While some got a jump-start on summer vacation plans to exotic locations, the 2014 Washington Redskins draft class has spent its week in Aurora, Ohio, at the NFL Rookie Symposium.
According to NFLPlayerEngagement.com, the annual week-long event is as an orientation of sorts based on "the four principles of NFL History, Total Wellness, Experience and Professionalism."
The entire eight-member 2014 Redskins draft class has been in attendance, meeting legends of the game and soaking in knowledge of how to be a professional football player both on and off the field.
Hall of Famers Cris Carter and Warren Sapp were among player alumni presenters, and cornerback Bashuad Breeland, tight end
Bolser also posted this selfie during a Play 60 event at the Cleveland Browns' headquarters:
Hocker also met up with some of his former University of Arkansas teammates:
While Grant has yet to play an NFL snap, head coach Jay Gruden said he plays like he's been in the NFL for quite some time.
“He plays like a 10-year veteran already," Gruden told the media during rookie minicamp in May. "He’s very smooth. He understands route concepts. He understand depths and how important they are and how to set people up… Easy in and out of breaks, effortlessly."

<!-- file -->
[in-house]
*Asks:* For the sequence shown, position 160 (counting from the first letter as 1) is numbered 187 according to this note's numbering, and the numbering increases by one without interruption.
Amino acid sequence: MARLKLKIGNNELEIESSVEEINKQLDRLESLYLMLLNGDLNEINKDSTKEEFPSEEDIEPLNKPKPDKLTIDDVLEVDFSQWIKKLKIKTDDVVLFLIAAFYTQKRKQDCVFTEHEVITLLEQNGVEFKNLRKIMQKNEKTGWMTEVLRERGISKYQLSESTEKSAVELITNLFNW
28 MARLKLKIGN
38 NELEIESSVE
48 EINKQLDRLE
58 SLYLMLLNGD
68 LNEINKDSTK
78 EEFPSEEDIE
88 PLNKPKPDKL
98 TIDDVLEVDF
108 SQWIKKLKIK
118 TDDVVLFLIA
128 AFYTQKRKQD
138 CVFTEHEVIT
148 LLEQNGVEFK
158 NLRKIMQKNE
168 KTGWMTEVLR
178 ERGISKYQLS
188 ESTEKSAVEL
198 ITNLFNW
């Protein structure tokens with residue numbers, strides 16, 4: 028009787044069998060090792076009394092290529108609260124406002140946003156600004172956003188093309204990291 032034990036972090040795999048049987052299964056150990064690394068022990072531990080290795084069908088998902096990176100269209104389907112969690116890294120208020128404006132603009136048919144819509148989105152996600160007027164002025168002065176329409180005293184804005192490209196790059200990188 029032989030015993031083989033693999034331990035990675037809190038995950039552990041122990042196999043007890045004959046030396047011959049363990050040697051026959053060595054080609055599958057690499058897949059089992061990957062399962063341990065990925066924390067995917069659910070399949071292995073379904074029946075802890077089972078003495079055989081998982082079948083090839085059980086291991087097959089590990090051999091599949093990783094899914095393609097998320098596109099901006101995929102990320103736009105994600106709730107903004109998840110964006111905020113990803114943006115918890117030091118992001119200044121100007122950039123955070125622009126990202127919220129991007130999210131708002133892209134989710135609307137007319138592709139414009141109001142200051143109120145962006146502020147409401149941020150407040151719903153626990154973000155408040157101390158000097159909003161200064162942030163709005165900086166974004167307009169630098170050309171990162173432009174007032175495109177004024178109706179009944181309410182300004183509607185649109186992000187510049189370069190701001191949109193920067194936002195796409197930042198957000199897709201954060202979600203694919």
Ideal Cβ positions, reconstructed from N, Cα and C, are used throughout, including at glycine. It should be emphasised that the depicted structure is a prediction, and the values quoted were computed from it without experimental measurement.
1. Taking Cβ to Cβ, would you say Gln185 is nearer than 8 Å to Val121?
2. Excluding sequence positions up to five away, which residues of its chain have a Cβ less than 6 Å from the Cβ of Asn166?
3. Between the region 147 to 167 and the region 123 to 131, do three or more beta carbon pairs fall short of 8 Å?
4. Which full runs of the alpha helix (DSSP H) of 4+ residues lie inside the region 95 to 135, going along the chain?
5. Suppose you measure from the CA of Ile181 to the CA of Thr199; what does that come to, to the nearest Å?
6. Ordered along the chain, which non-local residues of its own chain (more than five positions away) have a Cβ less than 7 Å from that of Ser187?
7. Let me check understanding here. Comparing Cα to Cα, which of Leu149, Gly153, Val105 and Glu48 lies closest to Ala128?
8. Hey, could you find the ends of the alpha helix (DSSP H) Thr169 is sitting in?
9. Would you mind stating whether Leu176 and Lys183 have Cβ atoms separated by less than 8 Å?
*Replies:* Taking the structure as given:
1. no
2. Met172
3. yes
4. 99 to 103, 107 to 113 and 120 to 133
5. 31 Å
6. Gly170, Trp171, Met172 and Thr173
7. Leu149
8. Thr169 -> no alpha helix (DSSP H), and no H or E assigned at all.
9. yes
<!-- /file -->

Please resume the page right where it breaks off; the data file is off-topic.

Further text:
Moses blogs from Symposium
As Moses wrote on sportsblog.com, he’s been talking with other NFL players about how to handle hitting the rookie “wall.”
“A lot of current players have talked to us about the rookie wall and having a plan for how to rebound when you hit that wall,” Moses wrote. “Because you are going to hit it, there's no way around it. We've also learned about things like how to get your financial bearings and how to be a professional...coming in every day and working hard at your craft.”
Moses was impacted by the powerful story of Chris Herren, a former big-time NBA recruit who played only three seasons before becoming addicted to drugs.
Now clean for six years, Herren told Moses and the rest of the rookies that it is important to understand what it means to be a professional.
“The Chris Herren story…really caught my attention,” Moses wrote. “It doesn't matter how many times you fall, what matters is how many times you get back up. You're going to have your rough days, your bad practices, but you can't take that practice back.
“It's all about what you do from now on.”